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Eric Neumann, Vice President of Bioinformatics, Beyond Genomics



Prior to joining Beyond Genomics, served as vice president of life science informatics at Third Millennium.

Founder and organizer of the international BioPathways Consortium and an advisory member of the I3C.

Q What is Beyond Genomics’ strategy for tackling the challenges of systems biology?

A It is a very tight combination of the analog form of systems biology, which is getting all these technology platforms — the proteomics technology, the gene expression microarray facilities, the metabolomics, and future technologies that will be appearing — having them in place and then plugging that seamlessly into the digital systems biology part, which takes all the data from all these different pipes, mixes it together, finds intriguing evidence and patterns using sophisticated software, and mines those leads. These are not necessarily drug leads, but systematic leads to novel mechanisms and pathways. From that we do systems modeling — not a simulated approach, but actually working with it at a particular level to look for additional experiments to mine the next piece and the next piece to make the story unfold with unique pieces of evidence.

QWhere does bioinformatics fit into this process?

ABioinformatics can be interpreted different ways, but typically it’s been applied to the analysis of sequence and structural information related to genes and proteins. In biosystematics one is faced with not just identifying a structure or trying to infer a function from that structure, one is trying to understand the process.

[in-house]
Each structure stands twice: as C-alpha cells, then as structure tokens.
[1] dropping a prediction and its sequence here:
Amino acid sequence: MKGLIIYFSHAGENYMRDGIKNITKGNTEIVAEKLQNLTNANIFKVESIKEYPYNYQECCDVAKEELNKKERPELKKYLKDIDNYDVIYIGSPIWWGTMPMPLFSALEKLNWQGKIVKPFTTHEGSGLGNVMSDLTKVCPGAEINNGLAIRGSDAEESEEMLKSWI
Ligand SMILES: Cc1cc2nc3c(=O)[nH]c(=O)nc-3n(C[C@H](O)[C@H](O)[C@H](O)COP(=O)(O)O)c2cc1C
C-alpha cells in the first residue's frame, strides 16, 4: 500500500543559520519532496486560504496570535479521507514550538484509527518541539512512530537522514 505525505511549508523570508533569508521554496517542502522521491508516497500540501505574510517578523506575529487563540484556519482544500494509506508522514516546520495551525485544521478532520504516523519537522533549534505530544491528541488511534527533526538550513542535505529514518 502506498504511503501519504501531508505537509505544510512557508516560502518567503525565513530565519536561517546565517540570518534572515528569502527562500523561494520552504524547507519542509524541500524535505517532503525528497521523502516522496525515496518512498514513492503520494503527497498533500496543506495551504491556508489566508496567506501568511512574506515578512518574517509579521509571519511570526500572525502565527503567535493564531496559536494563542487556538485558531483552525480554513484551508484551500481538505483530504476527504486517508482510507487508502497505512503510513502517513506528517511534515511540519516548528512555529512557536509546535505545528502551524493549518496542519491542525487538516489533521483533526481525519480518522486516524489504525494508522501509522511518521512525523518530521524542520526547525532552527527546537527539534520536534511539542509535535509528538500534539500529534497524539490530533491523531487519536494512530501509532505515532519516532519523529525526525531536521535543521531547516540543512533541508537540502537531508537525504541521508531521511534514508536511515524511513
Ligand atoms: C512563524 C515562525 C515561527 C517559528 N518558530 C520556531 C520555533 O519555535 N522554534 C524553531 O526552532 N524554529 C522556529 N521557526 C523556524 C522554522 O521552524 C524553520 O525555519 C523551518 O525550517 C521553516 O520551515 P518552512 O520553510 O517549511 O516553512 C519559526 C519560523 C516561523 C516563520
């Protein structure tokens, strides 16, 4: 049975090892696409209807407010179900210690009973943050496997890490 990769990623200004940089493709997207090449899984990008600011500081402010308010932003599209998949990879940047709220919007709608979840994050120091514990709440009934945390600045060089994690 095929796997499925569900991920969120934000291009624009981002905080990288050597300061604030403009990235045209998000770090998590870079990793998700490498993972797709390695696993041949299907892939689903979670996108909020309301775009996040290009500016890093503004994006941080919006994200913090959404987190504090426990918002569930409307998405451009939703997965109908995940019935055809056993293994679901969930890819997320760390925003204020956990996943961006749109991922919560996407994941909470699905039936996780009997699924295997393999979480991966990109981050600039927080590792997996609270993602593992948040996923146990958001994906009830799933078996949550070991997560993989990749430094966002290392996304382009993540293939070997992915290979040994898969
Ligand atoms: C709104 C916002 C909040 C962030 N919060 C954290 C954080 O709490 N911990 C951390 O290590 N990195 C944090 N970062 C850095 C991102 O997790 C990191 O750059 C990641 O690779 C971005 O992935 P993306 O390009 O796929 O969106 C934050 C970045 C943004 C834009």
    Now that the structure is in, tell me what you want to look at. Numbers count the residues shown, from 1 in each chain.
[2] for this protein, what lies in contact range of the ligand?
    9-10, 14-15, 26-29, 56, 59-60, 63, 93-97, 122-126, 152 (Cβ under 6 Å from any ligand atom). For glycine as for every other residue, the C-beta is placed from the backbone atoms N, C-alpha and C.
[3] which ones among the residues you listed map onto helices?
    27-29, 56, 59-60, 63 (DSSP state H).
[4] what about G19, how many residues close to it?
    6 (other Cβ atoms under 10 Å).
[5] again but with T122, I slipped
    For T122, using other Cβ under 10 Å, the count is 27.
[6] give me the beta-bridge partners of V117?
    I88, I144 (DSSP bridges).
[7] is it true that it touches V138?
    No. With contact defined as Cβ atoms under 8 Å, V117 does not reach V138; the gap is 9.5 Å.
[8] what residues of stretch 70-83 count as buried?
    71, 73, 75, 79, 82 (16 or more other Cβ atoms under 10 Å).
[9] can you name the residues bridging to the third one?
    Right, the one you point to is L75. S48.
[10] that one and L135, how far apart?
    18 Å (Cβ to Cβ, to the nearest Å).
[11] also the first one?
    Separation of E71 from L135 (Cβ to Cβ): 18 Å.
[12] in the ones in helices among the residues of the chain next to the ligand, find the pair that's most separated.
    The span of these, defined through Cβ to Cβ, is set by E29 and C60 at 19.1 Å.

QWhat do you mean by biosystematics? How does it differ from bioinformatics?

ABiosystematics is applying bioinformatics and a lot of other tools that typically are not associated with bioinformatics. Those include advanced correlative technologies, powerful statistical approaches that we’re developing here and have moved over from other industries into our area. That combination of bioinformatics and statistical and numerical pieces, and then working at the knowledge level and the models that are associated with it really goes outside of the box of bioinformatics.

QWhat approaches are you taking to deal with the complexity of the data in systems biology?

AWe’re using different strategies than going out and trying to find every single peptide in each tissue and trying to identify what it is just by sequence. We’re trying to look at the mechanisms and functions of these entities. This occurs over several steps. Say you’re focusing on metabolomics and you’re looking at a thousand or so signatures, both normal and diseased. Basically, you do statistical analysis to say, ëWhich of these things has changed.” Some of the same tools that have been applied to finance and large-scale economics are applied here. And out of those thousand things you can really reduce the dimension. The complexity can be squeezed down to something more manageable, so there’s a big data reduction piece.

QHow do you validate your results after this dimensional reduction?

AThat’s why, in addition to the analysis of all this data we include a modeling component. It balances the analytics with synthetics. If we have it right the model should be something we can test and validate. You can take the models and do predictive work and compare it to evidence that you have. Or you can analyze those systems with each other at an informatics level and come up with the experiment you need to do to be able to determine which model is the right one.

The entire analog side of systems biology needs to be coupled up front with the knowledge that’s being derived from the digital side. It’s a whole feedback loop.

QDo bioinformatics tools already exist to handle the variety of data you’re dealing with, or are you developing most of it in house?

AWe’ve done a fair amount on our own, but they’re based on tools and algorithms from mathematics so they’ve been around. We’ve optimized them to work with mass spec data and NMR. It’s not like we’re doing this from nothing. There’s a vast amount of knowledge in this space.

Some things will require new developments of software in conjunction with specialized hardware. We need to do something analogous to assembling shotgun sequence data with patterns and correlations. The key is that we began work on a method of going from correlations to causal mechanisms. It will eventually become a heavy compute issue.




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